Market Driven Strategy: Processes for Creating Value

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Today, countless new niche and specialty market opportunities are emerging as the era of mass marketing comes to an end. George S. Day argues persuasively that old ways of competing and much of the conventional wisdom about organizations are being overturned by a convergence of forces: mass markets are fragmenting into narrow segments that are themselves becoming global markets; information technologies are blurring the boundaries between markets and organizations while accelerating the pace of decisions; ...

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Overview


Today, countless new niche and specialty market opportunities are emerging as the era of mass marketing comes to an end. George S. Day argues persuasively that old ways of competing and much of the conventional wisdom about organizations are being overturned by a convergence of forces: mass markets are fragmenting into narrow segments that are themselves becoming global markets; information technologies are blurring the boundaries between markets and organizations while accelerating the pace of decisions; technological change continues to shrink product life cycles while customers are demanding ever higher levels of responsiveness and quality. These forces are also spawning new types of retailers, distributors, and linkages with customers.


Contending that the rate of change in the market has clearly outstripped the speed at which a conventionally managed company can respond, Day makes a compelling case for first creating customer value, without which there can be no shareholder value. He presents a proven market-driven approach to formulating and implementing competitive strategy at the business-unit level -- "in the trenches" -- based upon materials that have been empirically tested and critiqued in more than 200 internal executive programs and strategic planning sessions at such companies as U.S. West, General Motors, Marriott, Kodak, and General Electric, where he is director of the Product Planning Program.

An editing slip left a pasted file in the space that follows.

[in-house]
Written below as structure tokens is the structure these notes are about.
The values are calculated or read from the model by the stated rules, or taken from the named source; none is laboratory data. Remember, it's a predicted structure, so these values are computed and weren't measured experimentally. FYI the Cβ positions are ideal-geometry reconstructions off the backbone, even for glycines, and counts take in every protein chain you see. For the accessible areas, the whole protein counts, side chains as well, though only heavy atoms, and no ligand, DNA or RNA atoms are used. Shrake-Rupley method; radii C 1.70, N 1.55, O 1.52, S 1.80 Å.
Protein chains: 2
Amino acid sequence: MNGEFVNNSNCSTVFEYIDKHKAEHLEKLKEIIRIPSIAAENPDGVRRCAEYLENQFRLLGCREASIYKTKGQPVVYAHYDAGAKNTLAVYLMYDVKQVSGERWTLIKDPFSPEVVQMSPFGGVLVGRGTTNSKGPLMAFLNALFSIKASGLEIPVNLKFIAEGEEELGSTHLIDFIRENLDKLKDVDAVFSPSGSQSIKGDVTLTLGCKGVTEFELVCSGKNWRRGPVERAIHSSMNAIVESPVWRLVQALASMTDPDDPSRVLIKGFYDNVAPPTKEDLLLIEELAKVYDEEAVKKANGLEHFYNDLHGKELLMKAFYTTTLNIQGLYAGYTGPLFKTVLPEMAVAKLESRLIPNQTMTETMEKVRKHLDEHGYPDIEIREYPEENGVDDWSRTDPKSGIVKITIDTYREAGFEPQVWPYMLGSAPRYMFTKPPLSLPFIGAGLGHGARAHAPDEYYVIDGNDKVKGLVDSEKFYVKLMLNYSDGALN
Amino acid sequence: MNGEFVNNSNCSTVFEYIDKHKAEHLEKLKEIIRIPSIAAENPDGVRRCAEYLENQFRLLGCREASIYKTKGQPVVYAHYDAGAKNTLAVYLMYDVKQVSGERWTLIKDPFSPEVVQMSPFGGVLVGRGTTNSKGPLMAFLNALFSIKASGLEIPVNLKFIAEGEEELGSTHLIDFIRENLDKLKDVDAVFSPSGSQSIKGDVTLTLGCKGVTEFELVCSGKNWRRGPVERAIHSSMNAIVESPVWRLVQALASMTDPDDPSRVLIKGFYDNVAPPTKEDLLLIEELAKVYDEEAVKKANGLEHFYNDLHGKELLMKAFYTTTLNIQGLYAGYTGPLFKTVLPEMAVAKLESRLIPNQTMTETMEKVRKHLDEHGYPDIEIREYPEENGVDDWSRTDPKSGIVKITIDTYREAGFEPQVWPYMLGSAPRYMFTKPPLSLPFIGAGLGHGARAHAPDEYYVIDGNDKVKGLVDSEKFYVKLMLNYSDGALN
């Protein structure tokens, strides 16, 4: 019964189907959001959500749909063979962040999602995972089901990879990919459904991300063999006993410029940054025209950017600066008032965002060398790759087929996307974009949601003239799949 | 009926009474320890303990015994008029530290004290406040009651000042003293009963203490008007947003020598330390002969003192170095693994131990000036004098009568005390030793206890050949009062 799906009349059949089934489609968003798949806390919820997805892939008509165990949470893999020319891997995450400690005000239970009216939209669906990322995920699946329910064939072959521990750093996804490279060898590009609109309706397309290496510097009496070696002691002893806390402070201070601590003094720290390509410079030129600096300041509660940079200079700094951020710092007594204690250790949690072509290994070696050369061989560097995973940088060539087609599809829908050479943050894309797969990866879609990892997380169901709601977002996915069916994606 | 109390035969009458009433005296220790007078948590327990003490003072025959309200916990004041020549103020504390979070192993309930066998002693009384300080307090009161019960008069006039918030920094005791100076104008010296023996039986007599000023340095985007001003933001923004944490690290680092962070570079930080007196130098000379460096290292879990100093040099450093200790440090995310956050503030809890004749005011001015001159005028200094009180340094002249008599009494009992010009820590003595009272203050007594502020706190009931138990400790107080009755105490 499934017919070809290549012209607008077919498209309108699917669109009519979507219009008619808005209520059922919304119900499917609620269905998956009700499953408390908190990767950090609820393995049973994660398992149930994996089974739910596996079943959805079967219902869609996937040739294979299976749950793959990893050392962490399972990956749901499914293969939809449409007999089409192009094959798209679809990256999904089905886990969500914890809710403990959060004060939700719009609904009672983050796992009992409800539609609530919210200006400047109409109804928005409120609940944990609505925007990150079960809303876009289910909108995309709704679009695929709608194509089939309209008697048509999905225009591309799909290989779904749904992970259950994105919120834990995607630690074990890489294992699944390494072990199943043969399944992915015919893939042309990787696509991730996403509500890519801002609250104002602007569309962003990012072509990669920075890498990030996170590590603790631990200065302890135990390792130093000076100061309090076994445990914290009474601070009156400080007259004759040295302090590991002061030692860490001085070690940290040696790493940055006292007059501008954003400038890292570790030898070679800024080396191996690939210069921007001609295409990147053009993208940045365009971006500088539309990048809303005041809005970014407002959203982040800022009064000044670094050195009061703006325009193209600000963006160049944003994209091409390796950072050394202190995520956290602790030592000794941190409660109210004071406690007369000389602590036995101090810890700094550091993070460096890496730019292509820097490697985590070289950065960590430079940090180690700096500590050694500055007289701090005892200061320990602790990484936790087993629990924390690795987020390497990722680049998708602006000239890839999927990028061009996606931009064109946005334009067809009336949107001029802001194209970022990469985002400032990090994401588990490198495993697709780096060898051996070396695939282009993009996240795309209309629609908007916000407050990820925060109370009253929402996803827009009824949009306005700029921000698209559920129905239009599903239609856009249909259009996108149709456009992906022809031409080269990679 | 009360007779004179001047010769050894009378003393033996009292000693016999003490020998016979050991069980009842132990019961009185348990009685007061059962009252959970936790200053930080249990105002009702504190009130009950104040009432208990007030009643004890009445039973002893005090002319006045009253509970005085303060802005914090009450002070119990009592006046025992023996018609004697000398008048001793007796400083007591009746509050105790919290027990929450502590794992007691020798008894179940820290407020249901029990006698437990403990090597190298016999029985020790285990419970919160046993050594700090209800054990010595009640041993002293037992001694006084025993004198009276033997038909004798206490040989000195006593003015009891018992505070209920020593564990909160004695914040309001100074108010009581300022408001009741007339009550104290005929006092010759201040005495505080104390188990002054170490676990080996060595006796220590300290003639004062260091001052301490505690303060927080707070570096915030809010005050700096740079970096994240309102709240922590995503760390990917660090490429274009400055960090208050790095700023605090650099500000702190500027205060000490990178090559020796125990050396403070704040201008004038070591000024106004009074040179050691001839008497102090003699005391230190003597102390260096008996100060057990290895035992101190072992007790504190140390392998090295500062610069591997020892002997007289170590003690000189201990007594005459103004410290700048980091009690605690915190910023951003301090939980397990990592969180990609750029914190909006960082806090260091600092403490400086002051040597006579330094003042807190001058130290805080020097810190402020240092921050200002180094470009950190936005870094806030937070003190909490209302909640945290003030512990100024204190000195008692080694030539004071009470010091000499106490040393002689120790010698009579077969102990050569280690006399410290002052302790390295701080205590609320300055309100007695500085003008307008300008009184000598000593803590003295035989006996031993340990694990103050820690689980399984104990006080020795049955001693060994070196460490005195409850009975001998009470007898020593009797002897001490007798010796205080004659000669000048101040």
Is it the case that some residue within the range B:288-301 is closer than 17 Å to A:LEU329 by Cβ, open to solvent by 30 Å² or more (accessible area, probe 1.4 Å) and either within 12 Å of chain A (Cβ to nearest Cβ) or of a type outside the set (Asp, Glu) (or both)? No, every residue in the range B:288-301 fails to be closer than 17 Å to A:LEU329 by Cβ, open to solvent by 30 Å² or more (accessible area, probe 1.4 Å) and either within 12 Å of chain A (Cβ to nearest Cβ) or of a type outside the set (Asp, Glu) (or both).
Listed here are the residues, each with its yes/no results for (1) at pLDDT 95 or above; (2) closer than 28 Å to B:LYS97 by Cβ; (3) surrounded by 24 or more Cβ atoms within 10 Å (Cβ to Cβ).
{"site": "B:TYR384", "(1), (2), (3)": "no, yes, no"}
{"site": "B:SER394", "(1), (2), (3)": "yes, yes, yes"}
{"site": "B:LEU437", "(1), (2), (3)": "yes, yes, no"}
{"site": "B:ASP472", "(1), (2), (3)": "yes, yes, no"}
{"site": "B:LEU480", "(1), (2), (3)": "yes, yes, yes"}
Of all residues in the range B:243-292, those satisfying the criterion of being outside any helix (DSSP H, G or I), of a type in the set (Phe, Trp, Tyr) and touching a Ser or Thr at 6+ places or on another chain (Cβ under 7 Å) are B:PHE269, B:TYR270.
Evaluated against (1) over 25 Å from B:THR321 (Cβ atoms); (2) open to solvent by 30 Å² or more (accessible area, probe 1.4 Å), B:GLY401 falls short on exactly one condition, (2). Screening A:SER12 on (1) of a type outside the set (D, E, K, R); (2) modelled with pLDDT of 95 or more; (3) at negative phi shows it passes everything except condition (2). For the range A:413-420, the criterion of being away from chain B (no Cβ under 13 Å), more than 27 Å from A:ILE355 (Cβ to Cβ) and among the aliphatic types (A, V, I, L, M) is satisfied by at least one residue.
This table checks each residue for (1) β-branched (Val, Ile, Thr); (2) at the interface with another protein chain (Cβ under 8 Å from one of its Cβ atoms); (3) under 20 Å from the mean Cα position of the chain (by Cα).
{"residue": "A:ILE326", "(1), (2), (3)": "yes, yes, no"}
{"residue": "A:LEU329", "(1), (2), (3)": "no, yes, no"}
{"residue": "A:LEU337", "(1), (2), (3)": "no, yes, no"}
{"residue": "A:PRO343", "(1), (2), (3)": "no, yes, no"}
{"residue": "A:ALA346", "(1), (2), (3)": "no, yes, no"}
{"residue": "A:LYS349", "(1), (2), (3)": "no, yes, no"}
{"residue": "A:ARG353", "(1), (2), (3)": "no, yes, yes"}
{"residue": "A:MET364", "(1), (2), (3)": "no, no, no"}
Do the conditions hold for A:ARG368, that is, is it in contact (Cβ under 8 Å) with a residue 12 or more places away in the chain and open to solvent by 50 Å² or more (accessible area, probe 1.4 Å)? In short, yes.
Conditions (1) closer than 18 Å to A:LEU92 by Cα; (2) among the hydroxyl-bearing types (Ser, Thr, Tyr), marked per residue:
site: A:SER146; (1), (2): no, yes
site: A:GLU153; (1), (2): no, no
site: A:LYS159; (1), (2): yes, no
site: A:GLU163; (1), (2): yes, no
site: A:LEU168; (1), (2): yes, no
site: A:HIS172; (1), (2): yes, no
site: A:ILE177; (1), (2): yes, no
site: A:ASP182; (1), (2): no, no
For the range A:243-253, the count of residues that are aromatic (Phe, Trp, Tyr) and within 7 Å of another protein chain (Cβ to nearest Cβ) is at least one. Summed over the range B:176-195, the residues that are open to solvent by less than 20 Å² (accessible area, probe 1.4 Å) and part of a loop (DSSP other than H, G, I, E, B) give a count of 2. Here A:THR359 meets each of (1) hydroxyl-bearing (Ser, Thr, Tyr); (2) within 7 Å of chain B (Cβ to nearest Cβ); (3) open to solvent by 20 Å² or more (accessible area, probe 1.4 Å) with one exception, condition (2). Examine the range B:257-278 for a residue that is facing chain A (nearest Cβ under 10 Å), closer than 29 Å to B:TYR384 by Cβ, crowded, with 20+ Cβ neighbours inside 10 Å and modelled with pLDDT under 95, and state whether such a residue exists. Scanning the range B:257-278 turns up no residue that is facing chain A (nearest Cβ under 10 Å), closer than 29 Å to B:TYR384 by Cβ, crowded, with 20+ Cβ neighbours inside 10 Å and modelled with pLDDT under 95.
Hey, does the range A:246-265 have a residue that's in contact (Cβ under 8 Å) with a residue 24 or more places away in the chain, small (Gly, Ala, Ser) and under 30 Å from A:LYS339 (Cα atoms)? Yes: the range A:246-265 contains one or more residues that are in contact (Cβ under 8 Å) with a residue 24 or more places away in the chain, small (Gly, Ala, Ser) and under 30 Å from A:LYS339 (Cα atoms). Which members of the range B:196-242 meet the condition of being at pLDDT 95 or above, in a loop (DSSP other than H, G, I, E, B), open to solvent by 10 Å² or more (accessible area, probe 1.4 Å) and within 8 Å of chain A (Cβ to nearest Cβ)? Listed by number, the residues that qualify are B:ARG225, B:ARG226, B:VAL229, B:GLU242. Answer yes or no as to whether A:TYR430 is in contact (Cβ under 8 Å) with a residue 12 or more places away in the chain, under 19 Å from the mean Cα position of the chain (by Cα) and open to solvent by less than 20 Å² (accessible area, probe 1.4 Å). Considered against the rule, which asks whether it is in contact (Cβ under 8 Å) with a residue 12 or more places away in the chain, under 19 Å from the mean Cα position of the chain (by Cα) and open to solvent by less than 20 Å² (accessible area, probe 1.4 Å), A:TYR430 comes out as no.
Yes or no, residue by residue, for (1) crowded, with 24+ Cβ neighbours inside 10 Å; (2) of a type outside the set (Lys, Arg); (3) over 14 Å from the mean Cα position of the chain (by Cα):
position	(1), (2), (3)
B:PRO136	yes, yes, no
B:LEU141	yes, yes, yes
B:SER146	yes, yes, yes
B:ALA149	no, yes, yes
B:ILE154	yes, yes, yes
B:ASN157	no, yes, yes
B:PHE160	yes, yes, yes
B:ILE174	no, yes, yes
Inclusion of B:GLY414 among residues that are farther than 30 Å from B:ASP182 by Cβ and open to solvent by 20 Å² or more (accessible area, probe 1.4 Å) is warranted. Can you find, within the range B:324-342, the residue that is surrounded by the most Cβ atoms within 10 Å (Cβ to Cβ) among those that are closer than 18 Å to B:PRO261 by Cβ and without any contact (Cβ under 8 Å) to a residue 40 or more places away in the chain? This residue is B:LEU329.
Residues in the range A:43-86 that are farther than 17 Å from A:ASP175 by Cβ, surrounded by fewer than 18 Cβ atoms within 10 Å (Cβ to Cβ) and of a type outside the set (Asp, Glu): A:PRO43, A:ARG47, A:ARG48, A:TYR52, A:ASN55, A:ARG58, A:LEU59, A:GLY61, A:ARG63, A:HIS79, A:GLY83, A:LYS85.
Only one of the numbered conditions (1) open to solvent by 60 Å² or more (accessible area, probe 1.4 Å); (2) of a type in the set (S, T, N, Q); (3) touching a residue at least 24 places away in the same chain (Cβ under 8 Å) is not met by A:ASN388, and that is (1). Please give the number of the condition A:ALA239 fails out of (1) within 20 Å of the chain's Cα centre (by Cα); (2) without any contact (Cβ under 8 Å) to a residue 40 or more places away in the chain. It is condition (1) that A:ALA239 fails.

Day introduces the five critical, interdependent choices that managers must make to create a market-driven organization in the 1990s. With dozens of examples from companies such as Otis Elevator, GE, H.J. Heinz, IKEA, Nestlé, Acuson, and 3M, he shows how forward-thinking companies select their markets, differentiate their products, choose their communication and distribution channels, decide on the scale and scope of their support activities, and select future areas for growth.


Finally, Day persuasively documents that at these winning companies there is a commitment to thinking and planning processes that harness the power of bottom-up understanding of customers and competitive realities with top-down vision and leadership. A powerful vision is a shared intention that creates a winning atmosphere throughout the organization. By focusing attention on a desired leadership position, measuring progress against that achievement, and continually seeking new ways to gain competitive advantage by serving customers better, the actions and aspiration of the organization are given meaning.

Author Day provides a proven market-driven approach to formulating and implementing competitive strategy at the business unit level--"in the trenches." He introduces the five critical strategic choices that managers must make.

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Editorial Reviews

From the Publisher
Charles M. Lillis Chairman and CEO, Mediaone Group The book is content-rich and should be invaluable to executives striving to become "market-driven." The guidance offered on how to externalize, so that true superiority in producing customer value results, is extraordinarily well packaged. I'll strongly recommend the book to my fellow practitioners.